Continuing our series of interviews with masters of photography, here are a few words from Michael Reichmann, founder of the famous website The Luminous Landscape. Previous interviews were very long so we have kept this one as short as humanly possible while still conveying meaning 😉 Thank you Michael!
[Pascal] I think your early professional years where not as a photographer. What made you change and spend the following 40 years making photographs for a living?
[Michael Reichmann] After university I started my career as a photographer, working as a photojournalist. I then worked for a major television network and also in the motion picture industry. After about 10 years I went into the business side of the communications industry, returning to doing photography about 20 years later; teaching and writing.
[Pascal] Who are your influences?
[Michael] Ernst Hass, Joseph Suskind, Elliot Porter, Paul Caponigro.
[Pascal] You do not like imposing a fixed style to all locations and prefer to let it speak for itself. Can you elaborate?
[Michael] My style of working is to discover the subject. I try and let it speak for itself.
[Pascal] What does it take to become a great travel photographer? Any recommendations for the aspiring artist?
[Michael] Success in any type of photography takes not just talent, but also time. I believe in the 10,000 hour rule, which says that it take that long (about 5 years of full-time work) to master anything. This is how long people train to become doctors, lawyers, professors, airline pilots, etc. Mastering photography is no different.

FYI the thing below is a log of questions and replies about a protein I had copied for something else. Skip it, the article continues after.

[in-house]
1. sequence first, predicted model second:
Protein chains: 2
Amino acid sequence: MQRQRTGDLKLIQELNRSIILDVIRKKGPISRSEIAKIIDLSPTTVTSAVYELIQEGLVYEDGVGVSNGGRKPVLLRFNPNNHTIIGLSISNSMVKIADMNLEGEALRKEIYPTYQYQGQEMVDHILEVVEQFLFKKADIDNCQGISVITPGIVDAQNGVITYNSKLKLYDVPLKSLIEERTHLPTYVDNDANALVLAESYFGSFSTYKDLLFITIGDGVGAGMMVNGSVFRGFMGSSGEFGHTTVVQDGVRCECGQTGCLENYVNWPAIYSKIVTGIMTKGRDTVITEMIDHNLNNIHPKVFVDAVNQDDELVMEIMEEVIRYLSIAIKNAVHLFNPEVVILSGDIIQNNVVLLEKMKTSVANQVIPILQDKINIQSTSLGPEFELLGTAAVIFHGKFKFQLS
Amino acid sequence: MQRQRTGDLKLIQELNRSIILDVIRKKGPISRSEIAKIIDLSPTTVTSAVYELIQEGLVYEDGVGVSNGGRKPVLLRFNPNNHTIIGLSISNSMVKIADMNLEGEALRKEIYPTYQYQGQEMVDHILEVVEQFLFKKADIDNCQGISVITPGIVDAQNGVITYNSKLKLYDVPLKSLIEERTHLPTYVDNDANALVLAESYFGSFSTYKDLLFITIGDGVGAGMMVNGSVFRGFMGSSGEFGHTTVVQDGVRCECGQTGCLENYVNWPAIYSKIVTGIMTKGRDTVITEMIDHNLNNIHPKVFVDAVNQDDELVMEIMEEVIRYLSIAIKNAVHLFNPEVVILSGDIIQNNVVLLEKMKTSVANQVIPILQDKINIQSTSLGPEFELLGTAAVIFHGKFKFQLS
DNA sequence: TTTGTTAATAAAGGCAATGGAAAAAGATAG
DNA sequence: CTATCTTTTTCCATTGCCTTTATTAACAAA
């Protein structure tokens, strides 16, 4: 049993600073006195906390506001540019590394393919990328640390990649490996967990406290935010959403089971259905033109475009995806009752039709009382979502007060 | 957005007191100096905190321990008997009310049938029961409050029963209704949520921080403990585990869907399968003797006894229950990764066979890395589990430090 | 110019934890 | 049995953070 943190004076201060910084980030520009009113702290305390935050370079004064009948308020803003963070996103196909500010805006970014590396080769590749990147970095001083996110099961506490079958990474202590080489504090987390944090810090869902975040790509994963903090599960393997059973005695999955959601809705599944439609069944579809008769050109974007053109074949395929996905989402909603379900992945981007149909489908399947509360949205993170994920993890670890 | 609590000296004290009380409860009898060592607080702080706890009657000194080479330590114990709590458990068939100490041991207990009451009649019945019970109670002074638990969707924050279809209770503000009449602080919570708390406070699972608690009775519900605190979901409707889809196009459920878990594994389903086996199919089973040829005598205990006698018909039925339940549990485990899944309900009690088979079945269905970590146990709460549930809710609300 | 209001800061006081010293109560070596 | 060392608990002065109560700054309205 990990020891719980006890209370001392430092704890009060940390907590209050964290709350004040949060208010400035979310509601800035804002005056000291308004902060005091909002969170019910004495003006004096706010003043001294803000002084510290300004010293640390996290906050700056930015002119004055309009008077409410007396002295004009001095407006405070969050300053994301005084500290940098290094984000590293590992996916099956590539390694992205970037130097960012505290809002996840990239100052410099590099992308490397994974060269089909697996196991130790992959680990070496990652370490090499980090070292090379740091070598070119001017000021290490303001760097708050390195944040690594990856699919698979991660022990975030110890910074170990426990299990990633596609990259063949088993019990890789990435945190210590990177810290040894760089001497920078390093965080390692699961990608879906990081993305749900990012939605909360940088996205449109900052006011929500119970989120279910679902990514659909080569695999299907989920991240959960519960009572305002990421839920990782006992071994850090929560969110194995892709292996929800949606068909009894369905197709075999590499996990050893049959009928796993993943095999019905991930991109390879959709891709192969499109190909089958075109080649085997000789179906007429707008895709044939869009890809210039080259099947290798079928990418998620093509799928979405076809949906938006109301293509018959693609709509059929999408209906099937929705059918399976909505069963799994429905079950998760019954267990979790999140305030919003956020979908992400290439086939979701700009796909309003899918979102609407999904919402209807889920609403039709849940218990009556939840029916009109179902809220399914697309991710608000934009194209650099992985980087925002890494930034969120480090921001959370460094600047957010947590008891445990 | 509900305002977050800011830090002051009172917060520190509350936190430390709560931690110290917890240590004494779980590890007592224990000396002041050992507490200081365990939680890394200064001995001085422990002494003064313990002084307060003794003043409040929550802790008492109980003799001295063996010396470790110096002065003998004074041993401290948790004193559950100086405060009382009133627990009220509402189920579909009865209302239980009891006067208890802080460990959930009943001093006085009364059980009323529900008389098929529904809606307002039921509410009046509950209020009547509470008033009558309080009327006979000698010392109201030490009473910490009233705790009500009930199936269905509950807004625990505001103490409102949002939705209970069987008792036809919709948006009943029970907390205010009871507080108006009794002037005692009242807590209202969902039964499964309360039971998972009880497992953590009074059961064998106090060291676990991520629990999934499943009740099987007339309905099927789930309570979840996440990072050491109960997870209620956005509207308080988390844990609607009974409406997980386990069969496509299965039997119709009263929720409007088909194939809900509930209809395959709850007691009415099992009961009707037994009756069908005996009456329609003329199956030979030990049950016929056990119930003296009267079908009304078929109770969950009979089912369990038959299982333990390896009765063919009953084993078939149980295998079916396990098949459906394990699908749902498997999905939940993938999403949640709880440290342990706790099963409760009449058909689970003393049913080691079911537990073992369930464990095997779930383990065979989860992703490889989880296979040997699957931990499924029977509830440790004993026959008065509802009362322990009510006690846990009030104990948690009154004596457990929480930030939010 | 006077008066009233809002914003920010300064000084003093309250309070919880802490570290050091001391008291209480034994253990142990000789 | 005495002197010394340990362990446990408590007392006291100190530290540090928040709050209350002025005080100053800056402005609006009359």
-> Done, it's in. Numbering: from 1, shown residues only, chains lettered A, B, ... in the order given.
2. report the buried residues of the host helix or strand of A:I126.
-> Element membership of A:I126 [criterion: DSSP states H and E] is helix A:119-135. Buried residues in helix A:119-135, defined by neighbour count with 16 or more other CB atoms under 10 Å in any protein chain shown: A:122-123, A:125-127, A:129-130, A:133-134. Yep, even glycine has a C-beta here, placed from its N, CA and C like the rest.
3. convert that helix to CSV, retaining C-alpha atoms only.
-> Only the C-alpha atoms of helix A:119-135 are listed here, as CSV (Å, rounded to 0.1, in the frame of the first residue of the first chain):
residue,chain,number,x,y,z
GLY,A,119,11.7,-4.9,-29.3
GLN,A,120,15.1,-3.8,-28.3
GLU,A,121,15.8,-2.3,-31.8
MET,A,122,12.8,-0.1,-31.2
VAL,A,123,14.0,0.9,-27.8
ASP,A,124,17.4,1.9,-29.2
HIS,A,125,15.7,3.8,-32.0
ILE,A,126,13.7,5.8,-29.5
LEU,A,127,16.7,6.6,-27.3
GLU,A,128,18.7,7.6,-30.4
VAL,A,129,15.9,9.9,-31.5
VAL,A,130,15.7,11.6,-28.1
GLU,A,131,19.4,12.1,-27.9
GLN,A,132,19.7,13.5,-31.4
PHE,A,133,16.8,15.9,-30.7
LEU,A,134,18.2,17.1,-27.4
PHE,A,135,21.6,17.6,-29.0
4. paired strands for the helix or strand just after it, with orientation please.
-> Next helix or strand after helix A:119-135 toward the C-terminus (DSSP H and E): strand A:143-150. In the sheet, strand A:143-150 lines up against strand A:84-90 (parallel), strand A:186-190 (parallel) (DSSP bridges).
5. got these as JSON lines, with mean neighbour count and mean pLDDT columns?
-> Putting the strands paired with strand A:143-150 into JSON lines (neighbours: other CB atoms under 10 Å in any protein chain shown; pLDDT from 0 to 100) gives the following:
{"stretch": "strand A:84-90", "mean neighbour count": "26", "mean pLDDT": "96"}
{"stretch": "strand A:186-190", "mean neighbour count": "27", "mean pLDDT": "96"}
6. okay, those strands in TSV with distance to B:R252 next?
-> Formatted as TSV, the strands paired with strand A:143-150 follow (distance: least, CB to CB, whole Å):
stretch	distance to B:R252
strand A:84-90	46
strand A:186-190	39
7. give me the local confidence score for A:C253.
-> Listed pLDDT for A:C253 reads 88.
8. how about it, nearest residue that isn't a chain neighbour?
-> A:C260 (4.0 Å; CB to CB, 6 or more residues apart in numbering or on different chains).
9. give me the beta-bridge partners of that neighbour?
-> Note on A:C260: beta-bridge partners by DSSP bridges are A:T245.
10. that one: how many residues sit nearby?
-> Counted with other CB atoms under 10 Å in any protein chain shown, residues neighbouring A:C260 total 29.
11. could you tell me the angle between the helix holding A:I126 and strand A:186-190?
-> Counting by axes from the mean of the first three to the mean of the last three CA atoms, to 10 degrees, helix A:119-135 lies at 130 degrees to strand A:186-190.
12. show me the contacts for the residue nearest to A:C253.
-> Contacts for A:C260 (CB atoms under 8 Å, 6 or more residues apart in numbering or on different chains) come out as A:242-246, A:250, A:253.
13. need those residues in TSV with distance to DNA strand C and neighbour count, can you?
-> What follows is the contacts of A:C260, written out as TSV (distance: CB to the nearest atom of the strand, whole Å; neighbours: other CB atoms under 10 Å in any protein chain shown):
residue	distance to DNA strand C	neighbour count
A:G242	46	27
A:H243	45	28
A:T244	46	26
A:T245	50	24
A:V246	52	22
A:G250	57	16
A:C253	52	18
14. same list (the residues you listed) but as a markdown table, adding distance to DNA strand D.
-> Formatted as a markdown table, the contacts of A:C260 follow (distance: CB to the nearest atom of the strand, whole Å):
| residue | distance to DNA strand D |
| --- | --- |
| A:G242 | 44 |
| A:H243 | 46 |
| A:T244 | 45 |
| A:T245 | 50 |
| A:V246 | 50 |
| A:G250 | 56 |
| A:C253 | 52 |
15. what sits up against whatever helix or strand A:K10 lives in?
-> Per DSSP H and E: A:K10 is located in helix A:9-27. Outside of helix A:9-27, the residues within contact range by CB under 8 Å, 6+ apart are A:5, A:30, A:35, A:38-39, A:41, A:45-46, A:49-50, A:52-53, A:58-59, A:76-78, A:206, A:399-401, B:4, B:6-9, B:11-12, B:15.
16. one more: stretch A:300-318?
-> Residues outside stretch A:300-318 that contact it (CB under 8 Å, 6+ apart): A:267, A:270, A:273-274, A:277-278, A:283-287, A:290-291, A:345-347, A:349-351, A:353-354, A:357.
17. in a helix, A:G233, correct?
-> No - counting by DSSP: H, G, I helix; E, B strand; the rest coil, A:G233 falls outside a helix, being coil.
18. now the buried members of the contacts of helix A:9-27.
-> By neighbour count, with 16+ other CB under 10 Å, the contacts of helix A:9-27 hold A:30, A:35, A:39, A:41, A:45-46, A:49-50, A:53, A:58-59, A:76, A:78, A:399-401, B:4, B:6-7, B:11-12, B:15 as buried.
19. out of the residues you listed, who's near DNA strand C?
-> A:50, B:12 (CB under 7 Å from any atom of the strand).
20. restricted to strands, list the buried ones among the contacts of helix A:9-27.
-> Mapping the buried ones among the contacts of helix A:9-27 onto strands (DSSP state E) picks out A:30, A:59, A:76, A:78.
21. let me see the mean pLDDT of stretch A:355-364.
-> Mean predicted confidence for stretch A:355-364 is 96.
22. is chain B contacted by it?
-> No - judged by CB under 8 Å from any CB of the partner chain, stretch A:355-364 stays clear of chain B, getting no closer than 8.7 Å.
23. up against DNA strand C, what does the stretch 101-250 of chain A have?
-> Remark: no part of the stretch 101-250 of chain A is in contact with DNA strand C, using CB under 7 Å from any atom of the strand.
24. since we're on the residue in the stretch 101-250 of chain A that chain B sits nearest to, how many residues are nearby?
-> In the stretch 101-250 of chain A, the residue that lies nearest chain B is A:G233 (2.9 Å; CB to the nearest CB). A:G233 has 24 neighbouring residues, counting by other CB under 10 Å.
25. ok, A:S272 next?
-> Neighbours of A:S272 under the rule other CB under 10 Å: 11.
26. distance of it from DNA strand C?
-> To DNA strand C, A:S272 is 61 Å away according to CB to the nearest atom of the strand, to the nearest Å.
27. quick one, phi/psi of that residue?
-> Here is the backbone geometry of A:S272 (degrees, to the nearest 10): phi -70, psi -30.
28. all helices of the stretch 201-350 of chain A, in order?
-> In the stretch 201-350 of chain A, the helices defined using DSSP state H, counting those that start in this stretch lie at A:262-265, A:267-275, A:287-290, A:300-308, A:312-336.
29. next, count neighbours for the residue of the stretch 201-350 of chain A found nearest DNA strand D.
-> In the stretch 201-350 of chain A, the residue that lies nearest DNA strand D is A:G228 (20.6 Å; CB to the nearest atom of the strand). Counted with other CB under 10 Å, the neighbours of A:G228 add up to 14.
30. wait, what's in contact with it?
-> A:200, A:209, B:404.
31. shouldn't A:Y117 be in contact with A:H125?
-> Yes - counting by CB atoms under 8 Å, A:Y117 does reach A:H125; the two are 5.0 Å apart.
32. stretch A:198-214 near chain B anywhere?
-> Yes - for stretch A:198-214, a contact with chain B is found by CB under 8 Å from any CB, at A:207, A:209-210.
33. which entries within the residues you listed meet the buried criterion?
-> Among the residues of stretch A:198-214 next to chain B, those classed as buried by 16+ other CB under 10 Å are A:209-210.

[Pascal] When you are going to visit a new location, how do you prepare for the shoot?
[Michael] I try and avoid researching locations beforehand, other than for basic travel planning. I like to see somewhere new with fresh eyes.
[Pascal] You discuss gear more openly than other artists. Is it your opinion that the gear we use affects the way we see and photograph?
[Michael] The gear that photographers use is a critical part of the “craft” of photography. Photographers need to master both their art and their craft.
[Pascal] Now that the required gear is available to pros and amateurs alike, what makes the difference between the high quality 30 inch gallery print and the holiday snapshot?
[Michael] The eye of the photographer.
[Pascal] Your retrospective book is available soon and you will be asking for donations for your non-profit. Can you tell us more ?
[Michael] The Luminous Endowment for Photographers will be a not-for-profit entity whose purpose will be to provide financial assistance to fine art photographers world-wide. My Retrospective book will be made available to people who make donations. More details to come this summer.
#986. Albert Delamour interview
#896. Anna-Patricia Kahn interview: amateurs can be artists.
#792. Interviewing Hasselblad about Image Quality
#718. Interview; Kirk Tuck
#204. Michael Kenna on the silent conversation between subject and photographer
#1007. Desperate Times (documenting the last of the steam giants)
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